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Stowaways

CALIFORNIA | LOCAL
January 16, 2005 | From a Times Staff Writer
Federal immigration officials were interviewing 32 Chinese stowaways Saturday after they were found in two cargo containers at the Port of Los Angeles. A crane operator was unloading the containers about 6 p.m. and noticed three men climbing out of one, said Lt. Titus Smith of the Los Angeles Port Police. The illegal immigrants were all men who looked to be in their 20s, police said.
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WORLD
October 24, 2004 | From Times Wire Reports
Italy promised that 13 Kurdish stowaways would get a chance to apply for asylum after reportedly being denied that opportunity when they were discovered on a freighter Oct. 9, the United Nations refugee agency said. For two weeks, the Turkish Kurds had been stuck in a 10-by- 13-foot cabin with only two beds, waiting to hear their fate, an agency spokeswoman said. They were allowed to leave the boat at the Sicilian port of Augusta and were taken to a police station.
NATIONAL
October 23, 2004 | From Times Wire Reports
The body of a stowaway was found in the wheel well of an American Airlines jet that had just finished a flight from Miami to Detroit Metropolitan Airport. The body was found by an airport worker after passengers had disembarked. The Wayne County Medical Examiner's office said the man was in his 20s and died from a lack of oxygen.
NATIONAL
August 26, 2004 | From Reuters
A Cuban woman made it to the United States by stowing away in a wooden crate the size of a filing cabinet on a cargo flight from the Bahamas, officials said Wednesday. The woman was found in the cargo area of Miami International Airport on Tuesday evening by workers with the cargo company DHL and handed over to authorities. It was not clear how the Cuban, in her 20s, hid in the crate, but the U.S.
NATIONAL
December 26, 2003 | From Times Wire Reports
Maintenance crews found the body of a man believed to be a stowaway inside an American Airlines jet at New York's John F. Kennedy International Airport, a spokesman for the airport said. Maintenance workers discovered the dead man, estimated to be about 25, in the wheel well of the aircraft. The plane, American Flight 1190, came from Montego Bay, Jamaica, said Dan Maynard, a spokesman for the Port Authority of New York and New Jersey that operates the airport.
NATIONAL
November 7, 2003 | From Associated Press
A former shipping clerk pleaded guilty in federal court Thursday to shipping himself from New York to Dallas in a wooden cargo crate. Charles D. McKinley, 25, pleaded guilty to stowing away on a cargo jet, a misdemeanor. The possible punishment ranges from probation to a year in prison and up to a $100,000 fine when he is sentenced Feb. 4. McKinley declined to comment after the 20-minute hearing.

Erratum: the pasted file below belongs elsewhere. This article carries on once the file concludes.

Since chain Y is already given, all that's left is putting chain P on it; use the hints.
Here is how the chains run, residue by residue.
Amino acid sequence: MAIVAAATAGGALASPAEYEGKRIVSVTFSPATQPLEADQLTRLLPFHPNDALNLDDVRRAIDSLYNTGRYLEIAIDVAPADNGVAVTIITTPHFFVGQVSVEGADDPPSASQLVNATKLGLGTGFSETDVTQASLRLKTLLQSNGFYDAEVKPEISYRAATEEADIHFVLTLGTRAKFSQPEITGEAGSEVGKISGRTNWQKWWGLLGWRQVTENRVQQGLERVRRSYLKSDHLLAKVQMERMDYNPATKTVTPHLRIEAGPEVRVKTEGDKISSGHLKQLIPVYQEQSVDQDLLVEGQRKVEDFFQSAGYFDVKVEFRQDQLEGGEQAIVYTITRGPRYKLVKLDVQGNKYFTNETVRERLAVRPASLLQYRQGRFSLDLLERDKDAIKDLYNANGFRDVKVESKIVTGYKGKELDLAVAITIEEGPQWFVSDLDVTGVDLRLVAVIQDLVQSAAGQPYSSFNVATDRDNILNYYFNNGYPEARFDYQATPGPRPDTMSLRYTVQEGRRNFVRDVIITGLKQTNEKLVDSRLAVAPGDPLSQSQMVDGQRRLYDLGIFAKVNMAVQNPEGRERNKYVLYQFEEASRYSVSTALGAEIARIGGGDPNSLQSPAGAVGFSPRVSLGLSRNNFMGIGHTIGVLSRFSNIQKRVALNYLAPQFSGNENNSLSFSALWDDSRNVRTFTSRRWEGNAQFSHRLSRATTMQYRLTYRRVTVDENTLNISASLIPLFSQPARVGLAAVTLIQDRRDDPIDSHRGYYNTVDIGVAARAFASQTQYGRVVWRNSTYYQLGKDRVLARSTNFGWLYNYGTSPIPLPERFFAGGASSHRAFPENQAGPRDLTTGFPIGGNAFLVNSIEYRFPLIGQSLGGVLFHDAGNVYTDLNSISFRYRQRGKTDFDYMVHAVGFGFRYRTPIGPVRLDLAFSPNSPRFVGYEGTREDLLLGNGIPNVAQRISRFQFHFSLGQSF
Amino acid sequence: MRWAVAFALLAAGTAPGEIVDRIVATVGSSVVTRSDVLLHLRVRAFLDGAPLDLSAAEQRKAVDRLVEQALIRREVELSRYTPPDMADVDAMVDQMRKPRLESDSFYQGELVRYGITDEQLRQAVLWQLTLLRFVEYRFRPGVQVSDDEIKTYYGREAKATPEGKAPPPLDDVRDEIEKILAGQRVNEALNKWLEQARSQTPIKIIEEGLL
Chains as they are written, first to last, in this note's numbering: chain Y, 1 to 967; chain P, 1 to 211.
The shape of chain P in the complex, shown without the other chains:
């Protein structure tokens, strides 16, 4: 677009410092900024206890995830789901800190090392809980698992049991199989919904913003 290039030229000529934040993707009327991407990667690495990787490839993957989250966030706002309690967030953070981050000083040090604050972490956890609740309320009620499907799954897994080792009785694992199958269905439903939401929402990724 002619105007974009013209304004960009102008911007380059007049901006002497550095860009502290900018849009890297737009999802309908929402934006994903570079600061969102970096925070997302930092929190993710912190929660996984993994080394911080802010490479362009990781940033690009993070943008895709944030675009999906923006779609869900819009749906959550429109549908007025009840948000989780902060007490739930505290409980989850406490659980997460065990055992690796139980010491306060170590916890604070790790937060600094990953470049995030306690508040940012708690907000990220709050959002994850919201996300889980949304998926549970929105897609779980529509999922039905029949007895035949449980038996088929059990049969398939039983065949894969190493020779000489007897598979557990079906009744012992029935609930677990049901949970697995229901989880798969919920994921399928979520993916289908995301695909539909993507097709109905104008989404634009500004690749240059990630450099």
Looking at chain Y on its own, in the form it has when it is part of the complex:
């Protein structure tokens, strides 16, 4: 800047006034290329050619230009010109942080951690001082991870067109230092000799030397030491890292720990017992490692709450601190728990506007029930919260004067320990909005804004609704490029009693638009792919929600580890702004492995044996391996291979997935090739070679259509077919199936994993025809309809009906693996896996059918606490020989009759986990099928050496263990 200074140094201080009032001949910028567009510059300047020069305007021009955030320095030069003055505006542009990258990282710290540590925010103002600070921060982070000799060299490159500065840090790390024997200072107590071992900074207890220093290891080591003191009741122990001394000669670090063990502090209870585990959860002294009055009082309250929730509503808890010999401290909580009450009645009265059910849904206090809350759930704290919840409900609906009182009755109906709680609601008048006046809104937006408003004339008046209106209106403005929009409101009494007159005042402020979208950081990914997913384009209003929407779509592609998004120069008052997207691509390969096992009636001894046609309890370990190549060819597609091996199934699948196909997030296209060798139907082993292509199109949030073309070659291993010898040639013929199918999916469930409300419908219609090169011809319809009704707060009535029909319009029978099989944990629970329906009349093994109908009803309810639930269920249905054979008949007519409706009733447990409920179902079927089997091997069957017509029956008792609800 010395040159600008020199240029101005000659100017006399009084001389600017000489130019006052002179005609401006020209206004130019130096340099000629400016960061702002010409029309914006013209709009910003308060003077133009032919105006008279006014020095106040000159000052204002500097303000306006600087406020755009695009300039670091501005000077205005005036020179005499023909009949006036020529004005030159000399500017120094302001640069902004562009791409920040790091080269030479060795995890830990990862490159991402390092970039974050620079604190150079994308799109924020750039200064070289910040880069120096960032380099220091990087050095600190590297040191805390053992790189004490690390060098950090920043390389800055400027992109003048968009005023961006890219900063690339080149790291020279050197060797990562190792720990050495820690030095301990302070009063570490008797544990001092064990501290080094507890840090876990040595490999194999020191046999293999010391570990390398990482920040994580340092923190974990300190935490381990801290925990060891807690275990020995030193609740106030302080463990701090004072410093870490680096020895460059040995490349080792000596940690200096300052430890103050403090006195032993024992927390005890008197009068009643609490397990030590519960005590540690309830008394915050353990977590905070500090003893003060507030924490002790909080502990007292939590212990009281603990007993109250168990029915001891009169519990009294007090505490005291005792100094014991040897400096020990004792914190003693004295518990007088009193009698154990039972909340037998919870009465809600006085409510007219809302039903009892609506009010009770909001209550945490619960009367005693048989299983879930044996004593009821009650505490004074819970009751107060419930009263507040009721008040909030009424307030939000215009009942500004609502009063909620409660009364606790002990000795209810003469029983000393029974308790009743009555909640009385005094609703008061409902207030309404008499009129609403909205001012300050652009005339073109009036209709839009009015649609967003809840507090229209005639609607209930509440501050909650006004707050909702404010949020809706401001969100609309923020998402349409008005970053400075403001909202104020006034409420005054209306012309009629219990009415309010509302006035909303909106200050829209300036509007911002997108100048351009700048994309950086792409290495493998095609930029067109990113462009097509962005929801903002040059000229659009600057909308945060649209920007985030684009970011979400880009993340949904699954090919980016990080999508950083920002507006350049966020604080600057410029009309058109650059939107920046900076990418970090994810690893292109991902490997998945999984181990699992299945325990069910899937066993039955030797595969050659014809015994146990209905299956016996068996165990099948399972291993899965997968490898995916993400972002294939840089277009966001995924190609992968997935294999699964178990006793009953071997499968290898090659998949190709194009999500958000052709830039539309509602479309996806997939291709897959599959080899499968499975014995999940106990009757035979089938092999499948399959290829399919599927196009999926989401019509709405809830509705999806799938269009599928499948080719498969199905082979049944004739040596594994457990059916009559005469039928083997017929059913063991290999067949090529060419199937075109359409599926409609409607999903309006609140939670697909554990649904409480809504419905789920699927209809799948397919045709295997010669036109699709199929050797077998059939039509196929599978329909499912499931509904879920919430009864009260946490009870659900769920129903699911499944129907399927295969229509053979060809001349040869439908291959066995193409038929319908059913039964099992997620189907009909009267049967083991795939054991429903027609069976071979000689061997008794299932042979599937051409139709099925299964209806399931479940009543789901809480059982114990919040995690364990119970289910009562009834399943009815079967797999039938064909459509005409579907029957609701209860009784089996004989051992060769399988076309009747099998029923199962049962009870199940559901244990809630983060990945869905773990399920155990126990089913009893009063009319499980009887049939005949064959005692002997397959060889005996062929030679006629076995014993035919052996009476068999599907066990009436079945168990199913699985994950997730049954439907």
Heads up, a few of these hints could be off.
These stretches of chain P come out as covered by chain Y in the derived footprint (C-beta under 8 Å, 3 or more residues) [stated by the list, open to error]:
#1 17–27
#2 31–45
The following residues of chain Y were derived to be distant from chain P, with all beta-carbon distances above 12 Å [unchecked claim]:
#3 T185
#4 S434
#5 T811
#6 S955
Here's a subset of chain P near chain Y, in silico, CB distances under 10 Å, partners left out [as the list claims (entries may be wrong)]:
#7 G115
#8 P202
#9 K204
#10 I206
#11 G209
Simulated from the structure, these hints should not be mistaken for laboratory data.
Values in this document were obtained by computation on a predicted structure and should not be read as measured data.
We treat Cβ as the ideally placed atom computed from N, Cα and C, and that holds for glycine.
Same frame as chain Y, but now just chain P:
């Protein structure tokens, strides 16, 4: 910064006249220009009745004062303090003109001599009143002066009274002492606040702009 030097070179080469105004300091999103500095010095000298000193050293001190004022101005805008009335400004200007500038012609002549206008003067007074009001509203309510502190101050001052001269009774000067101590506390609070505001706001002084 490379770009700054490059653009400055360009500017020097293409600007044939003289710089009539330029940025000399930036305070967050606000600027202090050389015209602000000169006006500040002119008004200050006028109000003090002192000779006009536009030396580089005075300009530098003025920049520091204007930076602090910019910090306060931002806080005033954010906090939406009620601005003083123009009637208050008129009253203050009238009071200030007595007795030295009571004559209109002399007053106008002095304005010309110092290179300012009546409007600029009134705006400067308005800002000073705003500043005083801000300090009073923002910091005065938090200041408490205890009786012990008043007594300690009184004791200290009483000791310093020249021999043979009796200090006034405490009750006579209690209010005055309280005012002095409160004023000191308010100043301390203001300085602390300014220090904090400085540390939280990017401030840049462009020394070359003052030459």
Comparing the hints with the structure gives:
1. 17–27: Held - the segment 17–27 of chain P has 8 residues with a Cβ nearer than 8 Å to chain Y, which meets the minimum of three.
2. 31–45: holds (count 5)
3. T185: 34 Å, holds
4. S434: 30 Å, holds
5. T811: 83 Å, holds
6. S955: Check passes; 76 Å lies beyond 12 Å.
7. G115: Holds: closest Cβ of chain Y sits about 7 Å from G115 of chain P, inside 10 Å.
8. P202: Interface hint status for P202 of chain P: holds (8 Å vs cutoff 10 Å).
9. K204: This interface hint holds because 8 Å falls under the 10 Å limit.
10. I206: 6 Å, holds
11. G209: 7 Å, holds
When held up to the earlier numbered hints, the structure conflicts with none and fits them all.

NATIONAL
September 11, 2003 | From Times Wire Reports
Federal prosecutors filed criminal charges in Dallas against a man who climbed into a crate and had himself shipped by air from New York to Dallas to visit his parents. Charles D. McKinley was charged with stowing away on a cargo jet. He could face up to a year in prison and a $1,000 fine if convicted. McKinley, a 25-year-old shipping clerk at a New York warehouse, journeyed overnight about 1,500 miles by truck, plane and delivery van.
WORLD
July 12, 2003 | Edwin Chen, Times Staff Writer
A man without proper press credentials walked onto a jumbo jet chartered by the White House travel office Friday, flew with journalists and White House staff members from South Africa to Uganda, then continued with them to a compound where President Bush was meeting with the Ugandan president.
CALIFORNIA | LOCAL
June 14, 2003 | From Times Wire Reports
Five of six Latino stowaways found aboard a ship headed to the Port of Oakland may be going to Japan if a local agent cannot get them travel documents to fly to their countries of origin, authorities said Friday. The five men are in the custody of the ship's captain. A sixth is in the custody of the Bureau of Customs and Border Protection.
OPINION
May 29, 2002
Re "10 Chinese Nabbed After Coming Ashore in O.C.," May 24: To refer to the ships used by Asian smugglers and stowaways as "modern-day slave ships," to quote Immigration and Naturalization Service spokesman Bill Strassberger, is not only inaccurate, it is insulting. There is a vast difference between individuals willingly undertaking a perilous journey by sea "looking for a better economic future" and the Africans who were captured in their homeland, packed into steerage and delivered into bondage in the Americas.
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